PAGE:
in the absence of a communal cultic centre. Mount Gerazim, the sacred site of the Samaritans, who styled themselves 'Israelites who worshipped on holy Argarizin', might have been expected to play such a role.11 Yet all indications are that the Samaritans were as hostile to Galileans as they were to Judaeans, especially when they went on pilgrimage to Jerusalem (Luke 9:52; Josephus AJ 20.118-36).12 Thus, the theory of the Judaisation of Galilee in the sense that adherents to the Jerusalem temple in Judaea were settled there, would appear to be the most likely hypothesis, in our present state of knowledge. Archaeological surveys have shown a marked increase in new foundations from the Hasmonean period onwards, and at the same time the destruction of older sites, like Har Mispe Yamim (between upper and lower Galilee) which had a pagan cult centre.13 Excavations at various sites have uncovered such instruments of the distinctive Jewish way of life as ritual baths (miqvaot), stone jars and natively produced ceramic household ware. These finds indicate a concern with ritual purity emanating from Jerusalem and its temple as well as an avoidance of the cultural ethos of the encircling pagan cities.14
Lenski's model envisages a pyramid view of society in which most of the power, prestige and privilege resides at the top among the narrow band of ruling elite and native aristocracy (if and when these are to be distinguished). Beneath these are the retainer classes, who help to maintain the status quo on behalf of the elites, thereby gaining for themselves some measure of relative prestige. On a rung further down the ladder, as the base broadens, are the peasants, the free landowners who are the mainstay of the society, but cannot themselves aspire to a higher position on the social scale. Instead, they are in constant danger of falling among the landless poor, due either to increased taxation, a bad harvest or simple annexation of property by the ruling elites. Lenski's model indeed corresponds generally with what we know of Roman Galilee, once certain adjustments are made to this ideal picture to account for local circumstances.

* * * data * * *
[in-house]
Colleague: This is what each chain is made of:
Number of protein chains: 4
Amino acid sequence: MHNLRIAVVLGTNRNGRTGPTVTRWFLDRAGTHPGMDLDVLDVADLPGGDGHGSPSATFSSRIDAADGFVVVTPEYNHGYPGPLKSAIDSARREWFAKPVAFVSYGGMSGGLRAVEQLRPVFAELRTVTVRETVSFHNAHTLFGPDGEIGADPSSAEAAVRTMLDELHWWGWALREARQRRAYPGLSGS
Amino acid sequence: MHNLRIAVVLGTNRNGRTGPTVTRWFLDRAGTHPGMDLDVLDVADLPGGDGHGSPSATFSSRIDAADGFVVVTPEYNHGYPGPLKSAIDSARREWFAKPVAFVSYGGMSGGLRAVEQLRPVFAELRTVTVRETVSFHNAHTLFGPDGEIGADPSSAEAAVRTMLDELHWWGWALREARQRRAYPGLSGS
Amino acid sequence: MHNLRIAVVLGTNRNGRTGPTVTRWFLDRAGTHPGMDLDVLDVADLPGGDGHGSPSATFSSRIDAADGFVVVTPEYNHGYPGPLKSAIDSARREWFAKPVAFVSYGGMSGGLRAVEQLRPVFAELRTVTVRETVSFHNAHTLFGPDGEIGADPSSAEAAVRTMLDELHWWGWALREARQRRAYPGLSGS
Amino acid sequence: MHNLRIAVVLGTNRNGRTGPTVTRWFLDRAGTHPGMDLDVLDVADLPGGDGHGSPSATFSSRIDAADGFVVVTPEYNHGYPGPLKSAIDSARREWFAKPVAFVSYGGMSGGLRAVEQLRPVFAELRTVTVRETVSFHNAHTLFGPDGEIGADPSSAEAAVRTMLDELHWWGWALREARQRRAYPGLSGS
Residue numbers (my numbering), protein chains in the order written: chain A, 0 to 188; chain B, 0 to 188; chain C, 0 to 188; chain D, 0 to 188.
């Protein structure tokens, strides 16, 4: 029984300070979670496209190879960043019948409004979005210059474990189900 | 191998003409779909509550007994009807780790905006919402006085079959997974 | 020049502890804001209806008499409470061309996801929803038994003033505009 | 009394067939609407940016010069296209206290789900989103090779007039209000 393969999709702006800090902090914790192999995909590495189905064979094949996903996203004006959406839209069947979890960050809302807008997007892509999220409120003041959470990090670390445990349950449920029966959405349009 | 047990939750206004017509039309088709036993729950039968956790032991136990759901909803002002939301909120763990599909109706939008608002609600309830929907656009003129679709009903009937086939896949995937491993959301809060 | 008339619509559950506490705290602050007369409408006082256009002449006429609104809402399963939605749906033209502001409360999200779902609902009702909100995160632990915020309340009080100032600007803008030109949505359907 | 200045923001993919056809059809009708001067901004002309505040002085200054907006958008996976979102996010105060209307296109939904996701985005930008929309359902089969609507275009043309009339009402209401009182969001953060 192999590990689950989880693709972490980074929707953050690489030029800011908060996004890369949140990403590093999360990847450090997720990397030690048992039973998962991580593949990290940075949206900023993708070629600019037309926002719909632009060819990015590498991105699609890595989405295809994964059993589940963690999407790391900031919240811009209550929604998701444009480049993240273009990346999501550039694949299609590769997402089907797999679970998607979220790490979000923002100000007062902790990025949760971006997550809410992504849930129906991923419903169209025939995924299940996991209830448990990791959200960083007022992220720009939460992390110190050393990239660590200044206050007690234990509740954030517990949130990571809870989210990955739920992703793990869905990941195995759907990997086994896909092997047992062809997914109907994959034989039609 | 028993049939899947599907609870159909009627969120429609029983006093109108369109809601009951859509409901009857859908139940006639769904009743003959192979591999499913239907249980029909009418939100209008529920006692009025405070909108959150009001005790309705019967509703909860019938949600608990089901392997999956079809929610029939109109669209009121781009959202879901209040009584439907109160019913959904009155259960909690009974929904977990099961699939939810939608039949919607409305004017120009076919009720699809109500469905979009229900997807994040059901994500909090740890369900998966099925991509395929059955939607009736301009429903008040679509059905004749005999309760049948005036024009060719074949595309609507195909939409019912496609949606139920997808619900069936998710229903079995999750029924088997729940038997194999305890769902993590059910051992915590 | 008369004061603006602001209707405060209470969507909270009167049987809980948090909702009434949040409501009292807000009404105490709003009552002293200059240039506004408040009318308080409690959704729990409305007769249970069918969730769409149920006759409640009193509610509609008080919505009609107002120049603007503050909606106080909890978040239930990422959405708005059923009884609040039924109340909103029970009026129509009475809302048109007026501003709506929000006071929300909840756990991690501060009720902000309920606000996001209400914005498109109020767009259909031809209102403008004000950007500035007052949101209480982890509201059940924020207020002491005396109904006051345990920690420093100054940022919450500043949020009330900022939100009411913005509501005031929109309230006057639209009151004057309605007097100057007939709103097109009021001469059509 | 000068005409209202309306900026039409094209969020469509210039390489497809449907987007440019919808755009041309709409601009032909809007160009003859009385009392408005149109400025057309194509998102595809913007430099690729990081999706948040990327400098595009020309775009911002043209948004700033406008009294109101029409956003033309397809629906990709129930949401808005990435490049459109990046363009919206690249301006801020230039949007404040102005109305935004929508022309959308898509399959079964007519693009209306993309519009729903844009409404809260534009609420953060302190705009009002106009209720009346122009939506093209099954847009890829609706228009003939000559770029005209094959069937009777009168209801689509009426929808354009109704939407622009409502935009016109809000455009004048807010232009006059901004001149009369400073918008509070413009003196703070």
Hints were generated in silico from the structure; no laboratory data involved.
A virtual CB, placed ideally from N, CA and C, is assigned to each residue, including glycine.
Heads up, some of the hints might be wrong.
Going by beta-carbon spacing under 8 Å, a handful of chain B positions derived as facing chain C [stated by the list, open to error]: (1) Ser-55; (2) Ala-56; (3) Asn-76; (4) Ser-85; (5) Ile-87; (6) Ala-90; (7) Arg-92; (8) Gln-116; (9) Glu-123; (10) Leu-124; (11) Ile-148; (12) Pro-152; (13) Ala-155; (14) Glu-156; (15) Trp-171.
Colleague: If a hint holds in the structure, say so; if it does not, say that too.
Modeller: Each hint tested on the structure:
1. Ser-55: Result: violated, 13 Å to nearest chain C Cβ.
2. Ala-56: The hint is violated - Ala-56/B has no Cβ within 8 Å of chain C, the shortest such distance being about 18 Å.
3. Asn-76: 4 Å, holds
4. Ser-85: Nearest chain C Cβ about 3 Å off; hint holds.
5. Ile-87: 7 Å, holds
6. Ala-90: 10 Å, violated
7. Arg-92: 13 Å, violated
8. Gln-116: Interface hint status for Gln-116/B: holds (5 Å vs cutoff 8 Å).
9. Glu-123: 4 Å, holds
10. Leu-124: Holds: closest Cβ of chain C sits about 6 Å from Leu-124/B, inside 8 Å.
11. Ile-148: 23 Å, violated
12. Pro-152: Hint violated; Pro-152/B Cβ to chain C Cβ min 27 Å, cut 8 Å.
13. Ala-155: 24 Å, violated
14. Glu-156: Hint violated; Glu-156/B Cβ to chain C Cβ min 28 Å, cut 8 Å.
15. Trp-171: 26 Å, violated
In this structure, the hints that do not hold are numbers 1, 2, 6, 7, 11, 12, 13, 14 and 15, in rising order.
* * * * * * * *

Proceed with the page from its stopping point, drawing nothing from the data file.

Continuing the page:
While Antipas never seems to have been given the title king, despite the attribution by Mark (6:14), there is no doubt that within Galilee itself he and his court represented the ruling elite. In one sense they could be considered
11 Kraabel, 'New evidence'.
12 Freyne, 'Behind the names', 116-19; Kraabel, 'New evidence'.
13 Frankel, 'Har Mispe Yamim'; Frankel and Ventura, 'Mispe Yamim bronzes'.
14 Chancey, The Myth of a Gentile Galilee, is the most detailed and up-to-date report of the evidence. Cf.also Reed, Archaeology and the Galilean Jesus, 23-62.
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